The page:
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Mountain Audax

Snow drifts on the Way of the Roses

In 2000 I had been pedalling a daily 11 mile commute, summer and winter, rain or shine for well over a decade. Over this period using a succession of different bicycles I had suffered my fair share of minor bumps, injuries and close encounters with inconsiderate or myopic drivers.  Finally a potentially serious fall on black ice forced me to make a complete review of my journey to work.   Reluctant to give up the exercise benefits of cycling commuting I decided I needed something safer that would cope better with traffic and winter conditions along my usual route.

Back then my new Trice XL recumbent trike was a complete revelation; it proved to be no slower than my hybrid bicycle along my usual commute and had the bonus of being completely impervious to cross winds on the A470.  Since 2000 the trike’s superior comfort, braking and stability along with its wide “unusual” presence on the road has empirically proved it to be a far safer mode of transport.

In the company of Chris my wife on her own XL, our trikes have carried us (with camping gear) reliably and in comfort on excursions over many thousands of miles covering the length and width of the UK and Northern Ireland.  Tours abroad have included rides from Bergen in Norway north to cross the Arctic Circle, the full length on both New Zealand Islands, from the Mediterranean Coast to the English Channel across France, and in the summer of 2011, 2293 miles along the continental section of the North Sea Cycle Route. You can read about our tours and see photos by clicking here

In 2012 our tour plans had to be abandoned due to the terminal illness of close family member leaving me looking for an alternative challenge that did not take me away from the North Wales Area.   Although knowing absolutely nothing about Audaxes I elected to have a go at an event that was advertised in the local press as part of the Wales festival of Cycling. Although I knew I could cope with an extremely hilly 130 km ride, I had far less confidence about completing the route before the final cut off time.   A minimum average speed of 12.5 Km/h did seem reasonable until I realised it had to include enforced delays at checkpoints and rest breaks.  

On the day of the event with every surplus component stripped off the XL to save weight, I set off using the trike’s speed advantage on the downs to keep pace with other riders on conventional bicycles.  As the only rider on a trike, the first flattish 20 km was relatively easy, but I soon fell behind on the first long steep climb.   Thereafter I lost more time on the many big hills that followed particularly on the final pull up the Horseshoe Pass.  However by using a strategy of riding almost continuously and only briefly stopping to get my brevet card stamped I did complete the ride successfully in 9 hrs 45 min.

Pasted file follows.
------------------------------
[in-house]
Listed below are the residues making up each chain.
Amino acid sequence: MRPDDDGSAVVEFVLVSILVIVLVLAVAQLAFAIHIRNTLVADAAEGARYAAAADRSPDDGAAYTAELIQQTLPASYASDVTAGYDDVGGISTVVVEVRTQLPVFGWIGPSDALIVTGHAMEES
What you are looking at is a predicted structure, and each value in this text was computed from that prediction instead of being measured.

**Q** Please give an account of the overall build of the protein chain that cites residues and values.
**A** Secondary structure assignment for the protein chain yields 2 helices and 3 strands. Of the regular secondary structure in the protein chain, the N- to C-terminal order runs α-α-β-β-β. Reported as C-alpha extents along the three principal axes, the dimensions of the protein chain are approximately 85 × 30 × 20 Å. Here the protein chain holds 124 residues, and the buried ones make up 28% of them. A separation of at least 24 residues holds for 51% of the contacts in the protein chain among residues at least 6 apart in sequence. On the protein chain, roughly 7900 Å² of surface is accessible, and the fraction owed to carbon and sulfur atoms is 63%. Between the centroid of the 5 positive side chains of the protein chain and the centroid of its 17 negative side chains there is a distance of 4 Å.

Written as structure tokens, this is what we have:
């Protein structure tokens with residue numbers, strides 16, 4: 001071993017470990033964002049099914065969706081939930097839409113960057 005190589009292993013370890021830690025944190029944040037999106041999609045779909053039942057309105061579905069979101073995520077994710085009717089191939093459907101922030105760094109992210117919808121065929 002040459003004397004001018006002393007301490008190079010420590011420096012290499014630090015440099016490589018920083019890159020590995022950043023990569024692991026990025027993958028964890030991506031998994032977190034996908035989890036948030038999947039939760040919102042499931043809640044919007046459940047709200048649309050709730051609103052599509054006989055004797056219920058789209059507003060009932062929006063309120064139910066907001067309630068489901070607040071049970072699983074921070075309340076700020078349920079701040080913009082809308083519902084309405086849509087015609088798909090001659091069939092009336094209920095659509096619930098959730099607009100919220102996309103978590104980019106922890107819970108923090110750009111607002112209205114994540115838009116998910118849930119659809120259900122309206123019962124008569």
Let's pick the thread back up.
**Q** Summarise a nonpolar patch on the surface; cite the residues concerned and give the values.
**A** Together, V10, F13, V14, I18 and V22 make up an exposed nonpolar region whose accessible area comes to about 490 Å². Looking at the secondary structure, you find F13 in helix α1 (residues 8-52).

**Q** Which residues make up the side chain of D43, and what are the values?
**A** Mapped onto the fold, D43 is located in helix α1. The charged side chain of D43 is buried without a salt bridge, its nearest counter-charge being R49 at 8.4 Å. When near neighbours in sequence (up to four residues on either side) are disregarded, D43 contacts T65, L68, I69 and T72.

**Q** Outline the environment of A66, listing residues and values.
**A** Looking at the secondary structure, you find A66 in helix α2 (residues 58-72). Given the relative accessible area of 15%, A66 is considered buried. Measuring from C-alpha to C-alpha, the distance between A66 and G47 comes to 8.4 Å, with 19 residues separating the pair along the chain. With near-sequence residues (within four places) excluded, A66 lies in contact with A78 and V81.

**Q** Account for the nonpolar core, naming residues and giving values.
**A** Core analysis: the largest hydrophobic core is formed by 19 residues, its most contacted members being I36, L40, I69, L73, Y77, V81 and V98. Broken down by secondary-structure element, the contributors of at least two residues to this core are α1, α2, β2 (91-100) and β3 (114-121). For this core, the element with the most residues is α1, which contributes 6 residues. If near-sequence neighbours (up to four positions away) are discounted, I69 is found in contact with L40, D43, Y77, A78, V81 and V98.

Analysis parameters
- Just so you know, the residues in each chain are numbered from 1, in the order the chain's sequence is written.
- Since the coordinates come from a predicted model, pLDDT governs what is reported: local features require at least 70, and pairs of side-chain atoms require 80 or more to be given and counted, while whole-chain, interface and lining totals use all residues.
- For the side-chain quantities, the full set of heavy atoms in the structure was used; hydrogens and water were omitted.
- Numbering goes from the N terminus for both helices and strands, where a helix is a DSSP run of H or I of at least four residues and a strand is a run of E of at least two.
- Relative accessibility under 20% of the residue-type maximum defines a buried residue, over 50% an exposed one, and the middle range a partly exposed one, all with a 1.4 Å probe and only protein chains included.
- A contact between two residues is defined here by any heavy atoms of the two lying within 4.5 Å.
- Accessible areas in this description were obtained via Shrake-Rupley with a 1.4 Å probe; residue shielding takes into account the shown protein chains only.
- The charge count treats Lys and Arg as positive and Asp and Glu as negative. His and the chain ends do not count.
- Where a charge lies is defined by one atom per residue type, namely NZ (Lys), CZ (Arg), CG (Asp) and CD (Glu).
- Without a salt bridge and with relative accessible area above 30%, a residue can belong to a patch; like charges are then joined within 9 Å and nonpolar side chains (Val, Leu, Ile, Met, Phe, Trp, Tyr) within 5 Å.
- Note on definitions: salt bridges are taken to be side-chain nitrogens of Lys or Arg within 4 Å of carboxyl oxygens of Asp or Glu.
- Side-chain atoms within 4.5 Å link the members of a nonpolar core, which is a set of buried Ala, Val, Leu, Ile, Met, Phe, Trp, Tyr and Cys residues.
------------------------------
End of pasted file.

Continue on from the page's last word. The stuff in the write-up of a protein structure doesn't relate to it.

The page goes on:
With an average speed of only 13.3 Km/h (and no café stops),  it was clear that I needed a faster and lighter trike if I was going to complete longer Audaxes with plenty of time to spare.  I found my solution after a test ride at ICE’s base in Falmouth on a new Vortex.  It was love at first sight, so much lighter, faster and responsive than my old trusty XL.  

With some degree of optimism I decided to christen the Vortex by riding the 81 miles of punishing hill climbs in the 2012 Wild Wales Challenge.

Although very fast on the flat and extremely fast on the downs it was as I expected somewhat slower than conventional racing bikes on longer strenuous climbs. Despite regretting having an overdose of cake at the preceding feeding station I found the classic climb up Bwch Y Groes (Wales’s highest mountain pass) straightforward.  I was able to crank the Vortex up steadily without stopping while passing some other cyclists pushing their machines.  Many had stopped part way, only to find that the gradient too steep to start again without falling off!  I finishing the event with a comfortable margin and as the only recumbent rider in the event ended up being featured in a number of locations on the Wild Wales Website!